Oregon Economy
Oregon has one of the fastest growing economies in the nation. With important and growing industries in manufacturing, apparel, and green technologies, Oregon has a solid base in vital markets that will continue to enrich the economy moving forward.

Per capita GDP

Oregonís per capita GDP, adjusted for inflation, has been growing fairly consistentlyóand more quickly than both Washington and the U.S.-- over the past 15 years. If this trend continues, Oregon may even pass Washingtonís per capita GDP in the future.
GDP Growth

Real GDP growth in Oregon has been quite volatile, but, in all but the worst of the 2009 recession, GDP growth has remained positive. It has also generally exceeded Washington and the U.S.ís GDP growth rates. Ensuring a strong Oregon economy in the future is crucial to continuing this remarkable pattern of growth.
Household income

Oregonís median household income, adjusted for inflation, has remained relatively steady over the past 15 years and has only recently exceeded the USís real median household income. However, Oregon still trails Washington in this statistic.
Oregon Employment
Oregon's unemployment rate is one of the highest in the country; one of Oregonís biggest problems right now is that so many of its workers are out of work. However, overall unemployment has been slowly decreasing, and it is important to see where jobs are located in the economy and what industries have the highest potential for employment growth.


Oregonís unemployment rate has been consistently higher than both the U.S. and Washingtonís unemployment rates over the past decade. Helping businesses create new jobs is a crucial goal to decrease Oregonís unemployment.
Top 5 Industries for Oregon Employment

Oregon has many different industries driving its vibrant economy. Many Oregon jobs are within the healthcare and retail industries, but manufacturing, government, and food and lodging are also crucial for keeping Oregonians employed. Beyond these top-5 industries, many Oregonians are also employed in the production and distribution of durable goods as well as with financial-related occupations.
Oregon employment by business size

More than half of Oregonís workers are employed by companies with fewer than 100 employees, and over a quarter are employed by companies with fewer than 20 employees. As policymakers continue to adjust employment regulations, it is important to consider the many small businesses that employ the majority of Oregonians.
Oregon Exports
Exports have always been a crucial sector of the Oregon economy. Although recently major exports have shifted from logging and forestry to high tech manufacturing and related industries, exports still remain an important component of the Oregon economy and play an important role in both Oregonís GDP and its employment.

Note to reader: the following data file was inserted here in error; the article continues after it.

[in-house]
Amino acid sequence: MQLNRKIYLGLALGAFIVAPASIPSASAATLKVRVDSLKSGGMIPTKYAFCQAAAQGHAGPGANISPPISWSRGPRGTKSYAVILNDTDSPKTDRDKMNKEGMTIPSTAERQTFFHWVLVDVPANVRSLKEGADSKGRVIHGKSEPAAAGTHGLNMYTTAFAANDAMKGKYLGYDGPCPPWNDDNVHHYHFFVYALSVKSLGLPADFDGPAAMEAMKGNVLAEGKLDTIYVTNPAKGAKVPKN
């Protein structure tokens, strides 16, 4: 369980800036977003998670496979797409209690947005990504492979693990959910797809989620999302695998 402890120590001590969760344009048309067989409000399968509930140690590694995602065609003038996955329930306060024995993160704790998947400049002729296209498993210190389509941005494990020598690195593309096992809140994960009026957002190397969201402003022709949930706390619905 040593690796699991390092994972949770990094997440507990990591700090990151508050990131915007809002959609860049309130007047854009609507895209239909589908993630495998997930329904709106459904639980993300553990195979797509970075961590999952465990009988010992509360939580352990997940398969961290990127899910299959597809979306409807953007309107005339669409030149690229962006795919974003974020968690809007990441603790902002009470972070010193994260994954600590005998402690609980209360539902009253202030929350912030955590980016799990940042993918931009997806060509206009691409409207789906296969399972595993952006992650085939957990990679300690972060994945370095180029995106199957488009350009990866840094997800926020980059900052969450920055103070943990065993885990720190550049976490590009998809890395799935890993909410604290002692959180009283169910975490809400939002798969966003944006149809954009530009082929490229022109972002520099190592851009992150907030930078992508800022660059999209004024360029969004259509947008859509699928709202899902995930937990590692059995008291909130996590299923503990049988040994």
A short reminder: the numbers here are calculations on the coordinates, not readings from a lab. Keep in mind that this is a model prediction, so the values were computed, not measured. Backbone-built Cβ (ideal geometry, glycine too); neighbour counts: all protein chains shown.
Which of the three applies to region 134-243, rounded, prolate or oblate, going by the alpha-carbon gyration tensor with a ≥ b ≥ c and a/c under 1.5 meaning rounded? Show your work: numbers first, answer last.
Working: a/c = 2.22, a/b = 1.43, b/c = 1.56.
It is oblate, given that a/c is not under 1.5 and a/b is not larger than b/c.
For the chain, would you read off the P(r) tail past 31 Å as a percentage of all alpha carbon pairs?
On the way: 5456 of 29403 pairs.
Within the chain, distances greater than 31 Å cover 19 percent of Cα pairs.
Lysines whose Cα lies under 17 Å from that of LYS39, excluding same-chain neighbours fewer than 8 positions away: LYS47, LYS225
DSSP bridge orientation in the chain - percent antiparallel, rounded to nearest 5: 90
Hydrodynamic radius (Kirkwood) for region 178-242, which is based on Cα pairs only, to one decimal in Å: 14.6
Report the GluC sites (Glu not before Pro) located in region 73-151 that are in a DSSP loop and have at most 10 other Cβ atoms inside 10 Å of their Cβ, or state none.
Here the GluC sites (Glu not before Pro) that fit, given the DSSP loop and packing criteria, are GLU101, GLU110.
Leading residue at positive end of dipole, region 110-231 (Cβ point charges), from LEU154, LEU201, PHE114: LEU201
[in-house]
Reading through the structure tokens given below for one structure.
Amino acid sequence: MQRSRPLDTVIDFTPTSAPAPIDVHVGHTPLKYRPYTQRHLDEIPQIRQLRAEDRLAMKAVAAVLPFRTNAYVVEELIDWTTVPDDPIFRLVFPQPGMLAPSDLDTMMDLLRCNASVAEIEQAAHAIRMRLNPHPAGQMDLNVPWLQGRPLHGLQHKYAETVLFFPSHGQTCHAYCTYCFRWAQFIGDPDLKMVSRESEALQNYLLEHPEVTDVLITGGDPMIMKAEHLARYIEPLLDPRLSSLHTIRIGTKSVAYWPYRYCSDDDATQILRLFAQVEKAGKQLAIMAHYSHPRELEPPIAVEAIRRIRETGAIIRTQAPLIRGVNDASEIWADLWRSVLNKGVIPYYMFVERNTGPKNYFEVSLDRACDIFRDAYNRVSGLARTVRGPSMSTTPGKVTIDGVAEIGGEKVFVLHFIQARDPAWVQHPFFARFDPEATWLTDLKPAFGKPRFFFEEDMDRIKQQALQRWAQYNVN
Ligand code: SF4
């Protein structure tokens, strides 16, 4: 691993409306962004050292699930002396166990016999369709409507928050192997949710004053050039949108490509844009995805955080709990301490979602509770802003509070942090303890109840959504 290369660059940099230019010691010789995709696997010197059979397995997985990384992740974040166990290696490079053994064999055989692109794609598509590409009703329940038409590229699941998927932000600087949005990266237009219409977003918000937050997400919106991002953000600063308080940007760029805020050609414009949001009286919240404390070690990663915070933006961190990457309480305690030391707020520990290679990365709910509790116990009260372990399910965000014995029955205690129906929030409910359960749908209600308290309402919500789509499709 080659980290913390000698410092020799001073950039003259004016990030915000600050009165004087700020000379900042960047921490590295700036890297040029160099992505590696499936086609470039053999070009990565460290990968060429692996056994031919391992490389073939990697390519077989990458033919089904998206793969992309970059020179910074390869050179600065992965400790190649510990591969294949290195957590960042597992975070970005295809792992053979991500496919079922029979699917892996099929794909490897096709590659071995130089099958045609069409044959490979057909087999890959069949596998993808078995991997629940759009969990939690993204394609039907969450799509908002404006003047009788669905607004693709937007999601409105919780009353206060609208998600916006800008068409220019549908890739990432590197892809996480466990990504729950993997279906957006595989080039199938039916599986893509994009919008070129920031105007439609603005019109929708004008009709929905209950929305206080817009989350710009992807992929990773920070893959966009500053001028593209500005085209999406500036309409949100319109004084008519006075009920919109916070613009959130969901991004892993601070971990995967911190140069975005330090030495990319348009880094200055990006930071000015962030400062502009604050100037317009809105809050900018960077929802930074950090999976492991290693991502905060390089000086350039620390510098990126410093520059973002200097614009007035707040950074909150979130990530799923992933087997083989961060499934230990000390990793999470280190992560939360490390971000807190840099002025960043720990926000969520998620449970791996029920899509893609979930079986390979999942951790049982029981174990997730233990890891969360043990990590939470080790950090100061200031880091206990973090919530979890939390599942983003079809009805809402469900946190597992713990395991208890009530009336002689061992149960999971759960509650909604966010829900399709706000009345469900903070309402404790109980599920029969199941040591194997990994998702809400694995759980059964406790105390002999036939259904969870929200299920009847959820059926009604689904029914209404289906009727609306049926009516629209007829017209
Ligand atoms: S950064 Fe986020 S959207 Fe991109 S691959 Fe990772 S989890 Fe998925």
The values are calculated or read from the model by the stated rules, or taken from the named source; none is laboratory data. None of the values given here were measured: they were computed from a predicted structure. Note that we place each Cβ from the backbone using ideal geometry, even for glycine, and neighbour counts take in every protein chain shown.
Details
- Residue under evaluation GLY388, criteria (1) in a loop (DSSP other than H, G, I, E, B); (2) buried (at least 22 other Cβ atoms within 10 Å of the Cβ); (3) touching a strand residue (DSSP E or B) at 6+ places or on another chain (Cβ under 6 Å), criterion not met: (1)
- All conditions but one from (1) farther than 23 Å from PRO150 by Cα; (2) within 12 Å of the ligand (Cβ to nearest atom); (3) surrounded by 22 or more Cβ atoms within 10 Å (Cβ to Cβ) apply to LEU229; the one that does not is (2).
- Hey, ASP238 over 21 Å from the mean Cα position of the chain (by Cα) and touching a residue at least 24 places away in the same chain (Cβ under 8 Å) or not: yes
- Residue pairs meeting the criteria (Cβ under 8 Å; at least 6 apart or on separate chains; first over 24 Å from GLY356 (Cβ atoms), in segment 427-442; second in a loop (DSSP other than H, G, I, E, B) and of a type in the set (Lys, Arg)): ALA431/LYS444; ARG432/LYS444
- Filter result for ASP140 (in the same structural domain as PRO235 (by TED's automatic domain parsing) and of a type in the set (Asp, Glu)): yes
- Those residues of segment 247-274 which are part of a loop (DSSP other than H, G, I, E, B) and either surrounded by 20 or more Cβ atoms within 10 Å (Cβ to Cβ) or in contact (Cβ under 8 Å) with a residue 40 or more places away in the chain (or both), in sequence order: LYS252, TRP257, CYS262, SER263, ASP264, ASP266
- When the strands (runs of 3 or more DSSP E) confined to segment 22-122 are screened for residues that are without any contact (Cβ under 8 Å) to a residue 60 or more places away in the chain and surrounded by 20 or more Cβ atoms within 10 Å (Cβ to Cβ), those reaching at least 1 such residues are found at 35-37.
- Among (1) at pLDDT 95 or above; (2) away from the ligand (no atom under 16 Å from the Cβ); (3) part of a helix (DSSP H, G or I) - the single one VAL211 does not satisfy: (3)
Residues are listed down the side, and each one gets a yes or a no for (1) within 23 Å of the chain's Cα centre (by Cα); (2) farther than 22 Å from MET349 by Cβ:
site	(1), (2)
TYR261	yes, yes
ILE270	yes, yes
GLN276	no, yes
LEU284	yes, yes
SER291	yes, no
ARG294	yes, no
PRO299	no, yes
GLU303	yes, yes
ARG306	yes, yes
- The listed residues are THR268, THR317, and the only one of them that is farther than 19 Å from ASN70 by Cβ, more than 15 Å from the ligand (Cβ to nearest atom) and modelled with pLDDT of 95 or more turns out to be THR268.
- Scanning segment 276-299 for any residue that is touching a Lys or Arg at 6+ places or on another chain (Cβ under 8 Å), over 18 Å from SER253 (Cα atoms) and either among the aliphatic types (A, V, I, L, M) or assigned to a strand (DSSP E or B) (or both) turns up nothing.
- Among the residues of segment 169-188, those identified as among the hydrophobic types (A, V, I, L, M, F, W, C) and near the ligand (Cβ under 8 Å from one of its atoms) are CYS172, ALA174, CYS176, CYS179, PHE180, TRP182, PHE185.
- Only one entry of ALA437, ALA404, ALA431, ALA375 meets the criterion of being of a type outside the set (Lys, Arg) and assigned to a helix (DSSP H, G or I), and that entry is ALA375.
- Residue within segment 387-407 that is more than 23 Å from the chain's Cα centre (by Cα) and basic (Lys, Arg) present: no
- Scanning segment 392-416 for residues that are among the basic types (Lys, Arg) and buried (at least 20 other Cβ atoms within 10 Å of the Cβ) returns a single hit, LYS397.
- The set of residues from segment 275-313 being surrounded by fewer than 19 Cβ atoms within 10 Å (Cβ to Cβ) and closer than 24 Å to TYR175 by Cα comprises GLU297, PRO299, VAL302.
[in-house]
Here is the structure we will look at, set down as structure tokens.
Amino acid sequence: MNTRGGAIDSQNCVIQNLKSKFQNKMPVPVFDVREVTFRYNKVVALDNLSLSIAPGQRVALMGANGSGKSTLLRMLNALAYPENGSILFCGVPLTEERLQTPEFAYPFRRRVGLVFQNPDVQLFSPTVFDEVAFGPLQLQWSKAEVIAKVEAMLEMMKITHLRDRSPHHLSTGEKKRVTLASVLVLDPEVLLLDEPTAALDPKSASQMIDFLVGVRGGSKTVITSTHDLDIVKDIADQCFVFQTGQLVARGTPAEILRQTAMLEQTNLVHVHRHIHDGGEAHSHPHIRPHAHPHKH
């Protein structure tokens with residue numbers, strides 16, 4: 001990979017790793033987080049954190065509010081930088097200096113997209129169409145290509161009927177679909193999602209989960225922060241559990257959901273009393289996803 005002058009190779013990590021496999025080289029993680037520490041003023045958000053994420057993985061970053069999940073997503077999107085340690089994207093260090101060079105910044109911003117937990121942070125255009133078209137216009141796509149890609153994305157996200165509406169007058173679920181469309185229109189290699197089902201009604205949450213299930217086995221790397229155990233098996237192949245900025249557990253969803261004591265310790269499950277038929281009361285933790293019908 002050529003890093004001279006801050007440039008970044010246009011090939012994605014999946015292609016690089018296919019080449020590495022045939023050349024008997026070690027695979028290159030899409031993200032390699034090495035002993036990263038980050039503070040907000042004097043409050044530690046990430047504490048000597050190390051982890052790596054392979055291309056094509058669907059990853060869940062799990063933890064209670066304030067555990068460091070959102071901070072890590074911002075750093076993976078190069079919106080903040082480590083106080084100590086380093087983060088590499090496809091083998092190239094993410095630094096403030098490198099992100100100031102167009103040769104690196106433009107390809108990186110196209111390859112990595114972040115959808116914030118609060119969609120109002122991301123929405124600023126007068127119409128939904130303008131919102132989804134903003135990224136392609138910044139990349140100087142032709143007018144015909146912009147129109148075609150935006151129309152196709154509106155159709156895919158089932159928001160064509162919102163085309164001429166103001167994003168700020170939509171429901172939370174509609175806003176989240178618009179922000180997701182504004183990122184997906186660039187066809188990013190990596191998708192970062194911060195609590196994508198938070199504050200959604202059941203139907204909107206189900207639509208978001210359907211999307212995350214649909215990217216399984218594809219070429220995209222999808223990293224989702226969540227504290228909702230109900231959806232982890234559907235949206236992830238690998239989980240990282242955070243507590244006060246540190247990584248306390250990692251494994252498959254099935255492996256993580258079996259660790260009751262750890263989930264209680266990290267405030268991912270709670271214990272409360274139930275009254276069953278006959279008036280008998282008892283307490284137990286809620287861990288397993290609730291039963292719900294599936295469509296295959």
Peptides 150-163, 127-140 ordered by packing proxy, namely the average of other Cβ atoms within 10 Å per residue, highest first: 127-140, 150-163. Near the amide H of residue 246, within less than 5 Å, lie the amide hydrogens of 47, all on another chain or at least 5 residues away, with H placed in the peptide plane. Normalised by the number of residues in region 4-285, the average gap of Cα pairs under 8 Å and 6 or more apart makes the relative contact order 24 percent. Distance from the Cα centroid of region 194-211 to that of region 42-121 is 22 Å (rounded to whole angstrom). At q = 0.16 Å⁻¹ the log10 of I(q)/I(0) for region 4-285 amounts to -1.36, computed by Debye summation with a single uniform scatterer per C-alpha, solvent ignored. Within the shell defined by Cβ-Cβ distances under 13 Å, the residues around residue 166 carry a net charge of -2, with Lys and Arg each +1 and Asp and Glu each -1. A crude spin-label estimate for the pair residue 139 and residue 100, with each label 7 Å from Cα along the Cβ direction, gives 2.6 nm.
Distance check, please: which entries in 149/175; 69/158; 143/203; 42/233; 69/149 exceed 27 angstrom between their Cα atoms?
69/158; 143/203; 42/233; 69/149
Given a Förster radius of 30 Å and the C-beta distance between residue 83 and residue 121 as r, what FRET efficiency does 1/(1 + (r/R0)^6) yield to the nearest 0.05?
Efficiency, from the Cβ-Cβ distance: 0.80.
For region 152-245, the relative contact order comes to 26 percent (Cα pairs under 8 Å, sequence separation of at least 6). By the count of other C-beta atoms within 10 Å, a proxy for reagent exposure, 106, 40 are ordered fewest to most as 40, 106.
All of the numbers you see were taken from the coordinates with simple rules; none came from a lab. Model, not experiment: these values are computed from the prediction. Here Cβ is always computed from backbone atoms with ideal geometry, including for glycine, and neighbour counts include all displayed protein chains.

Export Employment

Oregonís employment is helped by its stronger-than-average export market. While Washington exports account for a larger percentage of jobs than in Oregonís exports do, Oregon still has a larger portion of jobs associated with exports than California and the US as a whole.
Oregon Exports by Sector

Oregonís export industry is particularly strong in computers and electronics manufacturing, and agriculture also plays an important role.
Key Sectors

Think You’re Not A Joint Employer?  Think Again.
In August, the National Labor Relations Board (NLRB) issued its highly anticipated decision in Browning-Ferris Industries (BFI) and created a new “joint employer” standard in federal labor law.  The question before the NLRB was whether BFI and its staffing services company, Leadpoint, were joint employers of employees working at one of BFI’s facilities for purposes of a union election covering Leadpoint's employees. 
The NLRB’s decision was that the two companies were joint employers, based on BFI’s “indirect” and “potential” contractual control of the Leadpoint employees.  This marks a significant departure from the joint employer test that the Board has used for decades, which required that a joint employer actually exercise control over terms and conditions of employment, as opposed to merely having the ability to do so.  The NLRB justified their decision by stating that the definition of employer should encompass as many employment relationships as possible in order to foster collective bargaining.  
The BFI decision will have far-reaching impacts on employers throughout the United States, particularly in franchisee/franchisor relationships where, with limited exceptions, franchisors have historically been found NOT to be joint employers of their franchisees’ workers.  Employers that meet the definition of joint employer under this new standard may face collective bargaining obligations and find themselves engaged in labor disputes between direct employers and labor organizations.
It is critical that President Obama and Congressional leaders respond to the potentially transformative BFI ruling and stop this government overreach into local businesses.